Simple Pot Rack


You will either use mild steel and paint it, as I have here, or (and I wish I thought of it) you can have it made out of stainless steel for very little more money.

Design Rationale

See the section below on Height and Siting.  This rack is bolted to the ceiling with 3 lag screws and is oriented to run its length in the same direction as the joists of the ceiling.  Here the joists run left to right above the sheet rock, and the center leg is bolted into one joist, and the two end legs are bolted into the joist next to that.  You should measure how far apart the joists are where you want to attach the rack to the ceiling. Since the rack will flex some (think of a wing flapping), the bends made in long piece don't have to be precise, since the legs will "flap" to allow some adjustment if you didn't get it exactly right.

Construction exceedingly simple.  The three short pieces are the legs that go up to the ceiling.  At the ceiling, they are bent at a right angle for a 2"x2" foot or pad that gets bolted up against the ceiling.  It comes down to the horizontal long piece.  I had a machine shop knock this out for me: they bent the pieces and welded the joins of the leg to the horizontal long piece, the whole thing taking them an hour or so.  It would be fancier in stainless steel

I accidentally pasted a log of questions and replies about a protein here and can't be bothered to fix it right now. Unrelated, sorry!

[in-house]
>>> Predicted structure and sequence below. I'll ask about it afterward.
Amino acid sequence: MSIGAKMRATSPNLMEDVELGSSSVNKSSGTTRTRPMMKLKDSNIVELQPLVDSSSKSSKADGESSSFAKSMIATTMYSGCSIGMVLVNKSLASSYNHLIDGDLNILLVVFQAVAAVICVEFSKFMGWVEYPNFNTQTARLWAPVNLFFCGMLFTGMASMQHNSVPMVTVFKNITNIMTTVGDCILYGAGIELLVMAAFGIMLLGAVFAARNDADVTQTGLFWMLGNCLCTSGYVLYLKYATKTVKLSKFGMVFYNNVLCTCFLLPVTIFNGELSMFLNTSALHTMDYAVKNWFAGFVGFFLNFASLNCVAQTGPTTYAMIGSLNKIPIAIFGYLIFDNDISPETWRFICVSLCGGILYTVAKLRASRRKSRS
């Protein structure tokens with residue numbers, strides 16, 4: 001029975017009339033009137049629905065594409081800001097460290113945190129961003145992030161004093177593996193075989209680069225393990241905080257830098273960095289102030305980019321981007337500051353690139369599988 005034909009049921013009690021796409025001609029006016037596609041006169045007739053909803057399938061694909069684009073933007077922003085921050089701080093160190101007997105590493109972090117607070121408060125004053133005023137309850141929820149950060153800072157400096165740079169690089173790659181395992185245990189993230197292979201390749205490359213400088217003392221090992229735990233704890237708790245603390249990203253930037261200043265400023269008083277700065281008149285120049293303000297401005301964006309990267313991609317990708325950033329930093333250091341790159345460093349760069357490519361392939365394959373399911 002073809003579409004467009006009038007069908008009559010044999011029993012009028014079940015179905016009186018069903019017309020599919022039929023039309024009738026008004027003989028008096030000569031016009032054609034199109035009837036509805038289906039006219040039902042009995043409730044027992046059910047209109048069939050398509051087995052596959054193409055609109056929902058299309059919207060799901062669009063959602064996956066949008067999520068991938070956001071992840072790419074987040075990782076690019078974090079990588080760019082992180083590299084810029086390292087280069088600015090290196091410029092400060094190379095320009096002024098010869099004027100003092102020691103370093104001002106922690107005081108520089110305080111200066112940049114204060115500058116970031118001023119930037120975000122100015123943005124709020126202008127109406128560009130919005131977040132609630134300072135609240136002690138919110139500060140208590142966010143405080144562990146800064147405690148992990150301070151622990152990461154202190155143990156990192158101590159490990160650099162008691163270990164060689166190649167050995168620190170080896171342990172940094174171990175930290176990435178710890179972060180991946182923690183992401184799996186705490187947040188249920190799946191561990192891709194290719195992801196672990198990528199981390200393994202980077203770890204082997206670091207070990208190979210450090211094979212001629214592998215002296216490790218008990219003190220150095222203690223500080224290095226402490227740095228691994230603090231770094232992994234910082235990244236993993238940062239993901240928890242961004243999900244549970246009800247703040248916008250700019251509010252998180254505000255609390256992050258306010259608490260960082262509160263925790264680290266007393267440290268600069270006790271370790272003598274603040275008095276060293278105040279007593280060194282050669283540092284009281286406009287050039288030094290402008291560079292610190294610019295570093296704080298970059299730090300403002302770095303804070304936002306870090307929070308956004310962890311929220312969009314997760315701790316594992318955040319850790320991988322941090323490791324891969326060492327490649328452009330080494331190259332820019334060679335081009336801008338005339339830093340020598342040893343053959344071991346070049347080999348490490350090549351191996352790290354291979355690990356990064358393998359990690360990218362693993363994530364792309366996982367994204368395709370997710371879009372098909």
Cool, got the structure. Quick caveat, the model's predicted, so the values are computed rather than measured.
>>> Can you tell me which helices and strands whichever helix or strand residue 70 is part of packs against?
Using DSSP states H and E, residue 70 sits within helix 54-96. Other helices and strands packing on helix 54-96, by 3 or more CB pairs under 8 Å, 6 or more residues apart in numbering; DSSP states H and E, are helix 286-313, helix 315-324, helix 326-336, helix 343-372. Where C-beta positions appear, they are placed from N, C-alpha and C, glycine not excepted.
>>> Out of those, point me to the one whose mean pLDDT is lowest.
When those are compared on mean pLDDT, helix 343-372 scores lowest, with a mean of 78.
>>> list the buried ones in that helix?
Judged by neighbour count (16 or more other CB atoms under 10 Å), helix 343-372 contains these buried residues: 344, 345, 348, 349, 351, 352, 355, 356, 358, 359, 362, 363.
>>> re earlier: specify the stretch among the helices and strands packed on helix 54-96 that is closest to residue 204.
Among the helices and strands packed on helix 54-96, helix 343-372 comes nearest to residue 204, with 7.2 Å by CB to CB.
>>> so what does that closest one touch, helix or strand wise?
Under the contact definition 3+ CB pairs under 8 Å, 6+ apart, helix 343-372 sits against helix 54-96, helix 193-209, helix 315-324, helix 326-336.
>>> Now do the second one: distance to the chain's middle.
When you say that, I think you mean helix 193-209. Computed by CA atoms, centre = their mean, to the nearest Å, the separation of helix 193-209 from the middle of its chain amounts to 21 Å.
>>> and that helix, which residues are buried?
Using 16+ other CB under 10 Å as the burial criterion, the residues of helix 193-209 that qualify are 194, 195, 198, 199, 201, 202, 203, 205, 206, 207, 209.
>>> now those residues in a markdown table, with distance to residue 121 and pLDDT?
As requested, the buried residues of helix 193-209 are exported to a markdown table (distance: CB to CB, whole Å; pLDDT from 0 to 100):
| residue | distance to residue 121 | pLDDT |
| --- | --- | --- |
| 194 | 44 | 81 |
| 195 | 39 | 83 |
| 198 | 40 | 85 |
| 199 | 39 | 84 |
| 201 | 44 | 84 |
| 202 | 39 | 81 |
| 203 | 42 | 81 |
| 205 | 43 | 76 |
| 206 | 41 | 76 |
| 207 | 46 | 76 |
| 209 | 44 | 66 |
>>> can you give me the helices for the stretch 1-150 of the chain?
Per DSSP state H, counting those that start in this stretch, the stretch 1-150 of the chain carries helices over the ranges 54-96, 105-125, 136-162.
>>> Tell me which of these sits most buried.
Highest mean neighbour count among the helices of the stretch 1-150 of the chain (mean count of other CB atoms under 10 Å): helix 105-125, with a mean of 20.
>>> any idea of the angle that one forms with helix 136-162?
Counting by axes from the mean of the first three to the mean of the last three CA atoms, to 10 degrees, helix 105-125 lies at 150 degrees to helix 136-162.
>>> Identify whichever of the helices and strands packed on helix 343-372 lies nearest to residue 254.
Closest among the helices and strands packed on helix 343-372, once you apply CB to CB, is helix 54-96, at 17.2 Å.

An end and center leg look like this in close up:



The bar stock will cost about $10 for mild steel, more for stainless steel.  Machine shop time maybe $50-100.  A dollar for the lag screw.

The Hooks

....come verious lengths and prices....I've acquired them over time, and as you can see, they are of different types, some just bent from handy wire, others plant hangers and some designed and sold specifically for pot rack hangers.  Google "pot rack hooks".  The ideal shape is like this, not like this.  You want a full curve that comes back up, like the hook on the left hand of the right-hand picture above...that sort of hook can take more than one pot.  When you're jostling pots on and off hooks, pots can ride up and fall off a hook that points forward like this.  You can get more pots on the rack and have an easier time with them if at least some of the hooks are of different length.  Plant hanging hooks are good for this, as they come in different lengths at you local garden supply or elsewhere.

Siting and height:

You want the rack height set so that you can easily hook pots on the hooks.  In my case, the leg pieces were 9" overall, with a 2" square foot (for bolting against the ceiling) that left 7" sticking down.  This worked pretty well for someone 5' 6" and above.  You will notice that some pots hang down further than others. Also, you need to have to place the rack somewhere where your head won't bash into the pots.  Mine is over the kitchen table.

Disclaimer: If your rack is put together in a workmanlike fashion, it should be reasonably strong and hold a lot of pots safely.  However, I make no guarantees for your work and what you end up with.